What is your dream project?

This is a timely question! Honestly, I think that's something that I need to redefine at this point in my art life. I don't task myself with "thinking big" or dreaming too often. Usually, I just prefer to think more localized than that. For so long, just making the work, putting myself out there and staying sharp was the "dream" and I'm living that now, which is an amazing thing to be able to say. As great as that is, it's still a very broad goal. I think the next step for me is to narrow my vision and figure out what else makes me happy and motivated within that wide net. Straight off the dome, I'd say that a dream project would be to have a fruitful and accessible art blog that would be a resource for emerging and aspiring artists, or anyone who is an art lover. I like the idea of being a kind of curator that can inform, encourage and motivate newer generations of creatives in an entertaining way. I'd also love for it to be a project that allowed me to travel around to various events so I could write about them and connect with other artists and professionals in-person. I started a blog sort of like that a few years ago when I was living near DC, but writing about others' work made me realize that I wanted to give myself a chance at being a professional artist first. So the project fell by the wayside after a while. I do have plans to pick it up again eventually, but I need to clean it up and nail down a plan I can stick with. It's very out of date now, but if anyone wants to check it out, it's a blog called Purple Paintbrush (apurplepaintbrush.com).

What motto or affirmation do you live your life by?

"Do you, boo. F**k the rest!"

Maybe it's because I'm so fiercely self-reliant (perhaps to a fault), or because I've been living life solo for the past seven years, but I'm a firm proponent of getting right with the Self above everything else. I just think that a lot of the shit we face in life could be avoided when a person knows who they are, is truly comfortable with it, and is committed to protecting it. Too often do we seek or expect external validations that are ephemeral and fickle.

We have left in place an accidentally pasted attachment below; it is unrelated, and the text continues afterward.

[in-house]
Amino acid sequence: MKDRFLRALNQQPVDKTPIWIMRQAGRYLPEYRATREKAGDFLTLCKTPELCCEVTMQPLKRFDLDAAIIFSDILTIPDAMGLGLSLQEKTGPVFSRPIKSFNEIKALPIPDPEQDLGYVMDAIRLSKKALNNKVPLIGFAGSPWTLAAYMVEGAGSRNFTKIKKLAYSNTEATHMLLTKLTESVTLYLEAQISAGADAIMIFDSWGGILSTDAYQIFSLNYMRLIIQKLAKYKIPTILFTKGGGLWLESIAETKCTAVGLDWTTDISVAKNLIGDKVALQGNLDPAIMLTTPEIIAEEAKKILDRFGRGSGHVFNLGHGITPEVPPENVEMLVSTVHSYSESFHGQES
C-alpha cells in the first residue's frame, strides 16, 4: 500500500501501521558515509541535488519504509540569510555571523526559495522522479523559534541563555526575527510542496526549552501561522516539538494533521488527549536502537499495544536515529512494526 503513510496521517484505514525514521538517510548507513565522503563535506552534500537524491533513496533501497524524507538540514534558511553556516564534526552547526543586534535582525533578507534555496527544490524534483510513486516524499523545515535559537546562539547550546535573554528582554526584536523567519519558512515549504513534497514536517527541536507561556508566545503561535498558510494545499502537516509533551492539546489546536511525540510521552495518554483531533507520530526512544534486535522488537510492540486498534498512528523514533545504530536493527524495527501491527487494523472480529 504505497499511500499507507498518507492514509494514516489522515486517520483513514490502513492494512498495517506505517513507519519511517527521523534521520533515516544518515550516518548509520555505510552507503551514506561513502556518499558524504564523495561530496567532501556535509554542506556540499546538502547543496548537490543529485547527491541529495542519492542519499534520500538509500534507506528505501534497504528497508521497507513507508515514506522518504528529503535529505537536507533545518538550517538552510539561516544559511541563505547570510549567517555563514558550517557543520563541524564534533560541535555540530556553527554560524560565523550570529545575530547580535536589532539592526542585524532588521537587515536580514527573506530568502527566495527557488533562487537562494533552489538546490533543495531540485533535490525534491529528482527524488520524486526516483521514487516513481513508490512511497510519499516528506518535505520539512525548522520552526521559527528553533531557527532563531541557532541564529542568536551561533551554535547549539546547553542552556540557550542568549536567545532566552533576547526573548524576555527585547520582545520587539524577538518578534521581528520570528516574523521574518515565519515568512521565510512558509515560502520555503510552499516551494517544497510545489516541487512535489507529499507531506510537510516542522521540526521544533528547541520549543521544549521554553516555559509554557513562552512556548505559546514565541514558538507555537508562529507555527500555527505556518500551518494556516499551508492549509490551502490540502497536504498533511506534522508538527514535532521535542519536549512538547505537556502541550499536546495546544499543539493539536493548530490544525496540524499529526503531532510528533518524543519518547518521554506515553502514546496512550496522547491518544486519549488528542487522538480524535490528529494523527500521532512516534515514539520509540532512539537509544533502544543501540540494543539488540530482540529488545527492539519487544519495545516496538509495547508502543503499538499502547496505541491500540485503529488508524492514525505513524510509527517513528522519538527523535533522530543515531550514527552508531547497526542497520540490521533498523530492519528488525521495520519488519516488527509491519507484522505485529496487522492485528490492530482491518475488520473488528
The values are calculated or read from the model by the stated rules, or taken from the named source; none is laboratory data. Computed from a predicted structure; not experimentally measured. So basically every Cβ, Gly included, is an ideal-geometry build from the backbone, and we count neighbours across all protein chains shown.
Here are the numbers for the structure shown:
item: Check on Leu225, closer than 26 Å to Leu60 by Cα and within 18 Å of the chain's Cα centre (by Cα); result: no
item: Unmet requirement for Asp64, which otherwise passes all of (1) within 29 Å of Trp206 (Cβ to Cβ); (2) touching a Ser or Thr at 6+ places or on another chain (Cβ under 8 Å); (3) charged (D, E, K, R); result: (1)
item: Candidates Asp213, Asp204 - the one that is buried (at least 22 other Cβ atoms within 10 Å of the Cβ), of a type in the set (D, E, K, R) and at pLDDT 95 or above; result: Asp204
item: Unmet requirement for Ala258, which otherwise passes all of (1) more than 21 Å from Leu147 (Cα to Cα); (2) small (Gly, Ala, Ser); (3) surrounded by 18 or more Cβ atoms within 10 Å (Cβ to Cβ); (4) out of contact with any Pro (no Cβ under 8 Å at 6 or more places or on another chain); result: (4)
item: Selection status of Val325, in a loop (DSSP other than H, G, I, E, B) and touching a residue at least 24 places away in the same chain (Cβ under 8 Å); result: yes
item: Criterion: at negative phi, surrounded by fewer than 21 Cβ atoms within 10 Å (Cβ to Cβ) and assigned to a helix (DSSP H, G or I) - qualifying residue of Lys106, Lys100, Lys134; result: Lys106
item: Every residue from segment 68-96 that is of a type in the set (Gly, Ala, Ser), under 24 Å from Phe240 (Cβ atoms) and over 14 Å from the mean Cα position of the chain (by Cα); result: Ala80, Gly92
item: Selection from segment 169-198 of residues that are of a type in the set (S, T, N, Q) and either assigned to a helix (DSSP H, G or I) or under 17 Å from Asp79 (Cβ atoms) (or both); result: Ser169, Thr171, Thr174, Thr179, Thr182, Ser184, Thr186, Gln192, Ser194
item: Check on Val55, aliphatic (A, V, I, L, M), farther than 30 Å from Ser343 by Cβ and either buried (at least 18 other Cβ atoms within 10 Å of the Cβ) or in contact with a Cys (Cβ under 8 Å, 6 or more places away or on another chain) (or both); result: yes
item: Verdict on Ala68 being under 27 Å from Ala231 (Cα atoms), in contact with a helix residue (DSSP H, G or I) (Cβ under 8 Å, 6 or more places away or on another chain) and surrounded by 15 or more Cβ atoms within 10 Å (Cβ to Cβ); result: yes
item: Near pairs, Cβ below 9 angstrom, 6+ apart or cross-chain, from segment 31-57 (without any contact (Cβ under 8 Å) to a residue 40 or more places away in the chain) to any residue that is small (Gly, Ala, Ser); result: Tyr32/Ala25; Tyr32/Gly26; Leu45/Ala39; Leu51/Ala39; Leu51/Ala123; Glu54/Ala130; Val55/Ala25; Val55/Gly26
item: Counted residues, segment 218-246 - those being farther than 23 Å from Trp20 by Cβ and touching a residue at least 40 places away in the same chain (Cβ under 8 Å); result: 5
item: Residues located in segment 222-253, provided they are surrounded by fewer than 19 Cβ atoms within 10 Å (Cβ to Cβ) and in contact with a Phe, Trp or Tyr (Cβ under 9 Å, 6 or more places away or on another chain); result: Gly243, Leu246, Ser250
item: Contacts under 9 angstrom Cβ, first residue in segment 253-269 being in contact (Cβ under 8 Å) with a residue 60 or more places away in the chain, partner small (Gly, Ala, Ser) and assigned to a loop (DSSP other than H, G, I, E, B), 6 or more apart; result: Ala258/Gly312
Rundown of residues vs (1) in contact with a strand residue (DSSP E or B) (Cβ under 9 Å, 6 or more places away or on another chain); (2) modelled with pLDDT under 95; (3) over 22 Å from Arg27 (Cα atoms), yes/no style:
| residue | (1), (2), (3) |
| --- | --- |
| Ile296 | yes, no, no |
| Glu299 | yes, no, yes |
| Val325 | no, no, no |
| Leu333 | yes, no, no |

For more on this artist, please visit tracilturner.com and follow on social media at @tracilturner

Matthew Muir

Matthew_Muir

Tucson, Arizona

How did you get your start in Art?

As early as I can remember, I have always been creating art in one way or another. My father was an artist, so naturally, growing up around it, helped to shape my craft early on. As a young child, I spent most of my time in my room drawing. I can remember no test or homework arrived on my teacher's desk without doodles filling the sides of the white border. I would argue with the teachers about how it's a waste of a page to leave that edge uncovered with art. I was defiant even at a young age. If you were my teacher, I'm sorry. I realize now you were just trying to do your job.

How would you describe your artistic style?

If I had to put it in a box, I would say pop-surrealism with a dash of symbolism.

Where do you draw artistic inspiration?

The world.

For me, and this goes for all of my paintings, it's always about what do I want to say with this piece. How can I transcend the language to convey another issue that needs to be addressed?

What is the significance behind the TV substitution for the human head in most of your paintings?